Skills shortage or skills gap?

Published:  01 July, 2004

Summitskills
(left) The great advantage of a competence-based approach — Keith Marshall.
(Right)Increasing middle management increases productivity — Simon Bartley.

How does SummitSkills perceive the staffing situation in the building-services sector, and how is the recently formed organisation planning to tackle the issues? We found out from Keith Marshall and Simon Bartley.

veryone knows there is a skills shortage in the building-services industry. That belief is so ingrained that it must be true, mustn’t it?

Keith Marshall, chief executive of SummitSkills, the sector skills council for the building-services-engineering sector that was awarded its 5-year licence last December is not so sure. ‘The truth of the matter is that there is not a skills shortage, but a skills gap,’ he says.

By that he means that there is not a shortage of people with appropriate skills at lower levels but at higher levels in the industry.

Simon Bartley, chairman of SummitSkills elaborates: ‘There appears to be a shortage of chargehands and foremen in the electrical sector. One school of thought is that you need to increase the middle-management level to increase productivity on site and in office.’

Further evidence of the nature of the problem comes from the fact that, according to Keith Marshall, the big training providers like BEST and JTL are turning people away because there are not enough employers to provide the training.

The difference between a skills gap and a skills shortage, explains Keith Marshall, is that a skills gap can be filled by further training of the existing workforce, whereas overcoming a skills shortage requires the recruitment of more people into the industry.

‘Tackling the skills gap,’ he says, requires the industry first to acknowledge it and then for the means of providing the required training to be funded.’

However, at this stage, with SummitSkills only seven months old, these views are based on empirical instincts. ‘Good solid data is needed,’ says Keith Marshall. To provide that information, a BSRIA project is gathering data that will be used to develop an appropriate response — including training and funding.

The BSRIA project will develop an on-going national resource containing details of significant numbers of employees in a range of categories such as gender, age, ethnicity and skills — both nationwide and by region. One concern is insufficient SIC and SOC codings providing information on industrial and occupational classifications.

BSRIA is providing the additional information through primary research with contractors so as to assess research criteria, fill gaps in existing data and test assumptions within the data resource model.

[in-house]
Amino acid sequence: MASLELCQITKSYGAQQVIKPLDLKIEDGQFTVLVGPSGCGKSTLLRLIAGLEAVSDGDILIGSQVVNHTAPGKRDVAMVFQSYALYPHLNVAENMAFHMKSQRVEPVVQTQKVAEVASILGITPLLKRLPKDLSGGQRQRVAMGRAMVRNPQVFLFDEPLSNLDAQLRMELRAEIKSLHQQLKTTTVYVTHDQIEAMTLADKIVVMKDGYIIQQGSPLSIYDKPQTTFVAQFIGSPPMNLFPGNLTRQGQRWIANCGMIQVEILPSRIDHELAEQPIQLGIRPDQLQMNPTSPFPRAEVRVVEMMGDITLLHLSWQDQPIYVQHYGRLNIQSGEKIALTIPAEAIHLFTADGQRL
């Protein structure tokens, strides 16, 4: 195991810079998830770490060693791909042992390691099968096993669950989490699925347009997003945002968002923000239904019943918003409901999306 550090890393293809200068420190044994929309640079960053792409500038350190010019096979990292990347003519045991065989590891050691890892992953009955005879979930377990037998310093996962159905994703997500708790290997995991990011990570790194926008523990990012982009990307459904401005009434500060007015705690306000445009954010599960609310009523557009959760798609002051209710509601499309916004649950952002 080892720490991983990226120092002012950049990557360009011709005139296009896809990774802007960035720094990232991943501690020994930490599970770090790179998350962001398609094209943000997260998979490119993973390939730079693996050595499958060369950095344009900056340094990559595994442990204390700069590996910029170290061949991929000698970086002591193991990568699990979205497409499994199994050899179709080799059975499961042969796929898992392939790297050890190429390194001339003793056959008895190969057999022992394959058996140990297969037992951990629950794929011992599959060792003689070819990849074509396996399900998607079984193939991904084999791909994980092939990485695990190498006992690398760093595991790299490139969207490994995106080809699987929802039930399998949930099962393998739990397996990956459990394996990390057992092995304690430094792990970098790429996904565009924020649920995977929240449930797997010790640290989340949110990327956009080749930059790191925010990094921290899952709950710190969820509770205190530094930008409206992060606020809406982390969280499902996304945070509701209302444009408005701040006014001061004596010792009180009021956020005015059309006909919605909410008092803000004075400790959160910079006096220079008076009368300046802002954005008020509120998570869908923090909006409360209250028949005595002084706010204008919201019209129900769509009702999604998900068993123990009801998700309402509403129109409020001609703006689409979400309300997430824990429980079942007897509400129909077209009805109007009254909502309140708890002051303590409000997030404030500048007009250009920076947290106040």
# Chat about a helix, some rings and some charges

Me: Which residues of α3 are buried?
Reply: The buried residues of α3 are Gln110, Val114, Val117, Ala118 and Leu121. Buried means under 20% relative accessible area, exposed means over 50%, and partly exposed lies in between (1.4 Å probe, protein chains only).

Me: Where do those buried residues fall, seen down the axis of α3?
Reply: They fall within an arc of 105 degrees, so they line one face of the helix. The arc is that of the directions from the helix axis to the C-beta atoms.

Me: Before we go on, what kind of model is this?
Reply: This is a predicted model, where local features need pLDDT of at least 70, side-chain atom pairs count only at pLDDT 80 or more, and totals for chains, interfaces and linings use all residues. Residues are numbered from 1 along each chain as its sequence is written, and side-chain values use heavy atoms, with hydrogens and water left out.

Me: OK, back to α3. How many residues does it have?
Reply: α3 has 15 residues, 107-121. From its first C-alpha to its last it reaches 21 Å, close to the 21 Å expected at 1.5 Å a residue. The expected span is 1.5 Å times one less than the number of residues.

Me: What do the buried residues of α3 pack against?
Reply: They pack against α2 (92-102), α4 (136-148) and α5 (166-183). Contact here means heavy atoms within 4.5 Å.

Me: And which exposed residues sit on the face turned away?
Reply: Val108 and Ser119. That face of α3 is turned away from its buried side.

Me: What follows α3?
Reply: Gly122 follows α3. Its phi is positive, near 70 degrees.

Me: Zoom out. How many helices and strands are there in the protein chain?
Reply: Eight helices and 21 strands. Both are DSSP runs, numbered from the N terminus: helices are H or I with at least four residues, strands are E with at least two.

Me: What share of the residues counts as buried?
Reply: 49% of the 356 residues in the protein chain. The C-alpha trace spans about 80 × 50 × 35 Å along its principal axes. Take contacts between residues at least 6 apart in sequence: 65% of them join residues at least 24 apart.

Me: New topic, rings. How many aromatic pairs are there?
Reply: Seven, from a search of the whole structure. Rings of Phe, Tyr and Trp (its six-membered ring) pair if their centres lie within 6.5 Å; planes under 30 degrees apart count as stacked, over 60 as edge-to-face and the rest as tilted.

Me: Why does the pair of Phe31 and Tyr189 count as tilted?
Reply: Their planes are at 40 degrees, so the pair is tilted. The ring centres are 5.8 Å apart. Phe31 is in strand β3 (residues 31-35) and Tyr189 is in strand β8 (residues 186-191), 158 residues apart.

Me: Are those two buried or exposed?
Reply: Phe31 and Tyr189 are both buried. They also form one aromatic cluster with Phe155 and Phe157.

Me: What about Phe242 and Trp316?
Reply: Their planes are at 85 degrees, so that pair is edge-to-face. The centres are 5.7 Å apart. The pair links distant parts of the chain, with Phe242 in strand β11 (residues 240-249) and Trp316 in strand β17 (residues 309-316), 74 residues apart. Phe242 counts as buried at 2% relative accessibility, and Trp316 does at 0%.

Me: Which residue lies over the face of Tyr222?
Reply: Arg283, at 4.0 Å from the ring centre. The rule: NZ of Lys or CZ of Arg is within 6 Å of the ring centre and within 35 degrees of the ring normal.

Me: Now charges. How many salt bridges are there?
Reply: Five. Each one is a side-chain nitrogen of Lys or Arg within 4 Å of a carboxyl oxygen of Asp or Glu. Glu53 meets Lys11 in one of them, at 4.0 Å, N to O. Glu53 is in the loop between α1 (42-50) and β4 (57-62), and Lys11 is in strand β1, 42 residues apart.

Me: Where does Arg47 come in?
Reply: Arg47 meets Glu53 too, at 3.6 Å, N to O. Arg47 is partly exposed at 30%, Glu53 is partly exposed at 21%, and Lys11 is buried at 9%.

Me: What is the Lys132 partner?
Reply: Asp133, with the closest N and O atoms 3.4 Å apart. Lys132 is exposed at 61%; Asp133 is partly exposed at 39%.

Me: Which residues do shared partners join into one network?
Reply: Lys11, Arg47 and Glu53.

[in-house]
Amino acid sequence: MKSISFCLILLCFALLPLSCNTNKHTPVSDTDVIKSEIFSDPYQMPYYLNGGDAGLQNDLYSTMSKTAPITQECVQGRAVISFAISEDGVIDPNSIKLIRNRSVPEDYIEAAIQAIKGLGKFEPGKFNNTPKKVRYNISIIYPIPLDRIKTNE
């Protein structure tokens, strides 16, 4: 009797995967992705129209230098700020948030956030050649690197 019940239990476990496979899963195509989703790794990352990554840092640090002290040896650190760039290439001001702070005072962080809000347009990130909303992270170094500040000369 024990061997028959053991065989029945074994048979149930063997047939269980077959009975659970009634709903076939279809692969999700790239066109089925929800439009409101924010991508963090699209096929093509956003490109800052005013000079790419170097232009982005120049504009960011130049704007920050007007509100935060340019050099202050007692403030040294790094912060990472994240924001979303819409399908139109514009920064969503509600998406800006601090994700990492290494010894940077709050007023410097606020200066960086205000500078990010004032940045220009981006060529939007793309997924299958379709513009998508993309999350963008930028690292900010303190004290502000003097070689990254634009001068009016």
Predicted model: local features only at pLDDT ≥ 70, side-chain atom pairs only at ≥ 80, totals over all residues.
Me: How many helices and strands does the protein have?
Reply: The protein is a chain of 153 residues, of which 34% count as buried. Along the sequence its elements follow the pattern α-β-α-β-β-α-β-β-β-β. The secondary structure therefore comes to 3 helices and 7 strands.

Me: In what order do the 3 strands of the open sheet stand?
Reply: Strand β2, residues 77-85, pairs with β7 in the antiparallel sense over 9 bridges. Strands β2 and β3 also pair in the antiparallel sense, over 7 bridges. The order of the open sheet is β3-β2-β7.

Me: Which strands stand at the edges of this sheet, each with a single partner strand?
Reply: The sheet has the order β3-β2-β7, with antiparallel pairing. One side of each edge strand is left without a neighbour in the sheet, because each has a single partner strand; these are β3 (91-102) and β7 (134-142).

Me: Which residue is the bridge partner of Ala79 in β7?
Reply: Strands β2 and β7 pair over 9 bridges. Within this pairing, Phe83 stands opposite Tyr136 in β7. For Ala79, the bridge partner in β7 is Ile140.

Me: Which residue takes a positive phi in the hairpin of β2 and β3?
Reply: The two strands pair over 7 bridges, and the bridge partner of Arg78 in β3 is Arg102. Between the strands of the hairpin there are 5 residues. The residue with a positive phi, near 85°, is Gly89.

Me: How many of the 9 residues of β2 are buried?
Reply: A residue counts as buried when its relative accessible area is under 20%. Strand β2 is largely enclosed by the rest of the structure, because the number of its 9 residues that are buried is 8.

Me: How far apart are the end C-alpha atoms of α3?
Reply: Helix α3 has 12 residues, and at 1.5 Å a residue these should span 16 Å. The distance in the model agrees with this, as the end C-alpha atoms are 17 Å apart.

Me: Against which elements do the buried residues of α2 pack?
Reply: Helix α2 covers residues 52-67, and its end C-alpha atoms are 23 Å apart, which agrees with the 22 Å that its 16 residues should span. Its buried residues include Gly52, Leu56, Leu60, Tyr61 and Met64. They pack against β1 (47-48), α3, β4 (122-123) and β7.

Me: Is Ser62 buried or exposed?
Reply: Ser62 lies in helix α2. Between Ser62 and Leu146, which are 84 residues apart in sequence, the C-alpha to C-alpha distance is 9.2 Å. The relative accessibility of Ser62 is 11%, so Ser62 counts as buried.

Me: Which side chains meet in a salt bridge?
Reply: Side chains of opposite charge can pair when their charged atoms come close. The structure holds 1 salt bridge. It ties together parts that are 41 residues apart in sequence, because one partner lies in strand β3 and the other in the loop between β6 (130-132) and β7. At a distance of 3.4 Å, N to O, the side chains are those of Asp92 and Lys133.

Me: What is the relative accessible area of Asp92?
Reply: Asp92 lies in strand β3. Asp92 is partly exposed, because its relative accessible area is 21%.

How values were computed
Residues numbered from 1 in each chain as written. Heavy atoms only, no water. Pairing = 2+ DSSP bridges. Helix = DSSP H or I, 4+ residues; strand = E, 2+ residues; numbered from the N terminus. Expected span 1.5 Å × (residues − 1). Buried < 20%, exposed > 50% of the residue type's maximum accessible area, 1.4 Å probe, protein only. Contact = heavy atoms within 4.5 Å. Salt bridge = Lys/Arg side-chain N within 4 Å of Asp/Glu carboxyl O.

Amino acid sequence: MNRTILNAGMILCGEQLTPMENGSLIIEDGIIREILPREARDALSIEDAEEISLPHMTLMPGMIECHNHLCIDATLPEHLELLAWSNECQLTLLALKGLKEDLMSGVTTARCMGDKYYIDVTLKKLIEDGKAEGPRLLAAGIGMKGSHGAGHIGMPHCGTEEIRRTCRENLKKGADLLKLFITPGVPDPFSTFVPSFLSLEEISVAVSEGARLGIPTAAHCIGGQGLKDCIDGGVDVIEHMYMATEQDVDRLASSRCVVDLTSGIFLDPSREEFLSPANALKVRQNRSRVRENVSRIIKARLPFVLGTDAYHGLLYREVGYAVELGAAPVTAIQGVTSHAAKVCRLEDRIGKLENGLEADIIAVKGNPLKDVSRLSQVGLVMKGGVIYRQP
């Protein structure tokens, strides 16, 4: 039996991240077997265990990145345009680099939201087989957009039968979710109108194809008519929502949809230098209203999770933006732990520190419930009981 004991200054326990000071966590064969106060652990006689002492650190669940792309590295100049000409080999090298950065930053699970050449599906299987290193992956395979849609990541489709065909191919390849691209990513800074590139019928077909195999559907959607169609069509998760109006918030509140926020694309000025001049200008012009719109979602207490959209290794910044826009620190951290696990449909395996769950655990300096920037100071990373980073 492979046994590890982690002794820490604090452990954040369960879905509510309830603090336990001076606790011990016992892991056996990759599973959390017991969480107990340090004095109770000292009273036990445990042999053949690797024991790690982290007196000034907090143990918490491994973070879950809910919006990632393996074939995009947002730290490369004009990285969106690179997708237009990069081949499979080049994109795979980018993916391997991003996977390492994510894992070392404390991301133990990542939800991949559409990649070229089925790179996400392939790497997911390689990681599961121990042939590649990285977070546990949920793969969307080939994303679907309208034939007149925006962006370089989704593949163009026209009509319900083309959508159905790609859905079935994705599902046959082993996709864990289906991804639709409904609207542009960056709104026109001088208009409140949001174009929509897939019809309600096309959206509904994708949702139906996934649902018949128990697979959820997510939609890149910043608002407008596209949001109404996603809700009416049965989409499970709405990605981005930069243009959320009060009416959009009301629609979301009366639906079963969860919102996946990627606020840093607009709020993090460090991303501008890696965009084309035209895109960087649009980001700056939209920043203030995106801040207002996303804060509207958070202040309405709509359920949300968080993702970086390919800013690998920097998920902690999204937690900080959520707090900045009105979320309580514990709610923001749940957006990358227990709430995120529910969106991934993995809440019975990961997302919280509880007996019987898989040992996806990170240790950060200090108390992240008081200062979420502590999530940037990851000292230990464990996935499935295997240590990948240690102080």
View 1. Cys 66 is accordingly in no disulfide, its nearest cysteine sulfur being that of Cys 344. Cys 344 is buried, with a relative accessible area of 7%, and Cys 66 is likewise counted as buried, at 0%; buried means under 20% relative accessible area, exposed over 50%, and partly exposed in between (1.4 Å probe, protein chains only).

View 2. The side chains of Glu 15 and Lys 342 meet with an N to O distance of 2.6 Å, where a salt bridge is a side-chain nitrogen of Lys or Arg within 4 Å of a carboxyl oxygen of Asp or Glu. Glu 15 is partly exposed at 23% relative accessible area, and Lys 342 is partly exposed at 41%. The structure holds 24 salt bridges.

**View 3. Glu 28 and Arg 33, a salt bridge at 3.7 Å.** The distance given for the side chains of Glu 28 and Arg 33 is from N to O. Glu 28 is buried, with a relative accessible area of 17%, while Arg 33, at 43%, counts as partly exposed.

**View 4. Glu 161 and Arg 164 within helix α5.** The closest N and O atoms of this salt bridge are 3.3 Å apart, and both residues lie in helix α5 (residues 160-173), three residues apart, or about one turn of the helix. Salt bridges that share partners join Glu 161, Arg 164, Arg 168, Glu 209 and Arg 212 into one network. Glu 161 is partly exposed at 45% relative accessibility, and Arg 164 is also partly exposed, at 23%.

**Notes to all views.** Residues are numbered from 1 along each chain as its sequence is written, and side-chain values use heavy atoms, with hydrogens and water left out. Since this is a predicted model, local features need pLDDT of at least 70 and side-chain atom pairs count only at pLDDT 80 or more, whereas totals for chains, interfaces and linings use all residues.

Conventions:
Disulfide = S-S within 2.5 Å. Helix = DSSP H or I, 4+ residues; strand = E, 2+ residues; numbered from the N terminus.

The results of BSRIA’s research will show the current number of employees by sector and region and forecast recruitment needs availability of people and their skills.

The current phase of the project runs ot August. Phase two will run from September to December 2004.

Addressing both the long and short-term training needs of the industry is covered in five areas of strategic priorities identified by SummitSkills.

• Encouraging new entrants to the sector.

• Ensuring the right competencies, standards and qualifications are in place.

• Developing and promoting a career structure to maximise the opportunities for entrants and participants at all levels.

• Helping to improve productivity across the UK.

• Political influence and lobbying of the Government on behalf of employers.

It is the long-term perspective that Keith Marshall believes will become the strength of the industry and the people in it. The remit of SummitSkills includes everything from NVQs up to degree level and beyond — and right across the skills spectrum. Keith Marshall explains that becoming a chartered engineer and earning NVQs are both based on acquiring and demonstrating competence.

He explains, ‘The great advantage of a competence-based approach is that how you get there is irrelevant. It also sows the seeds for people who first acquire NVQs to develop into engineers and, in due course, earn chartered status.’

One potentially significant long-term benefit is that an apprentice can develop skills and then move on to acquire knowledge — eventually becoming a very good engineer because of the depth of his skills base.

The problem of staffing the industry is made more difficult, believes Keith Marshall, by the Government’s policy of 50% of people going to university. School leavers are a big source of entry to the industry as apprentices. ‘Too many people who would be better suited to an apprenticeship are being persuaded to stay on in the education system, often inappropriately.

‘Employers have to take a broader view and fish outside the pool of 16-year olds. Because of the increasing numbers of people staying on at school, that pool is getting smaller. Staying on after 16 does many of them a disservice.’

Simon Bartley points to other benefits of early entry into an apprenticeship. ‘By the age of 21, an apprentice will be earning significantly more than a graduate.’

Defining the long-term aims of SummitSkills, Charles Clarke, Secretary of State for Employment & Skills, said at its launch, ‘I have no doubt that SummitSkills will be able to lay the groundwork for employers to training and employ the staff and craftspeople they need, where and when they are needed. This will ensure that skills shortages and skills gaps are a thing of the past.’



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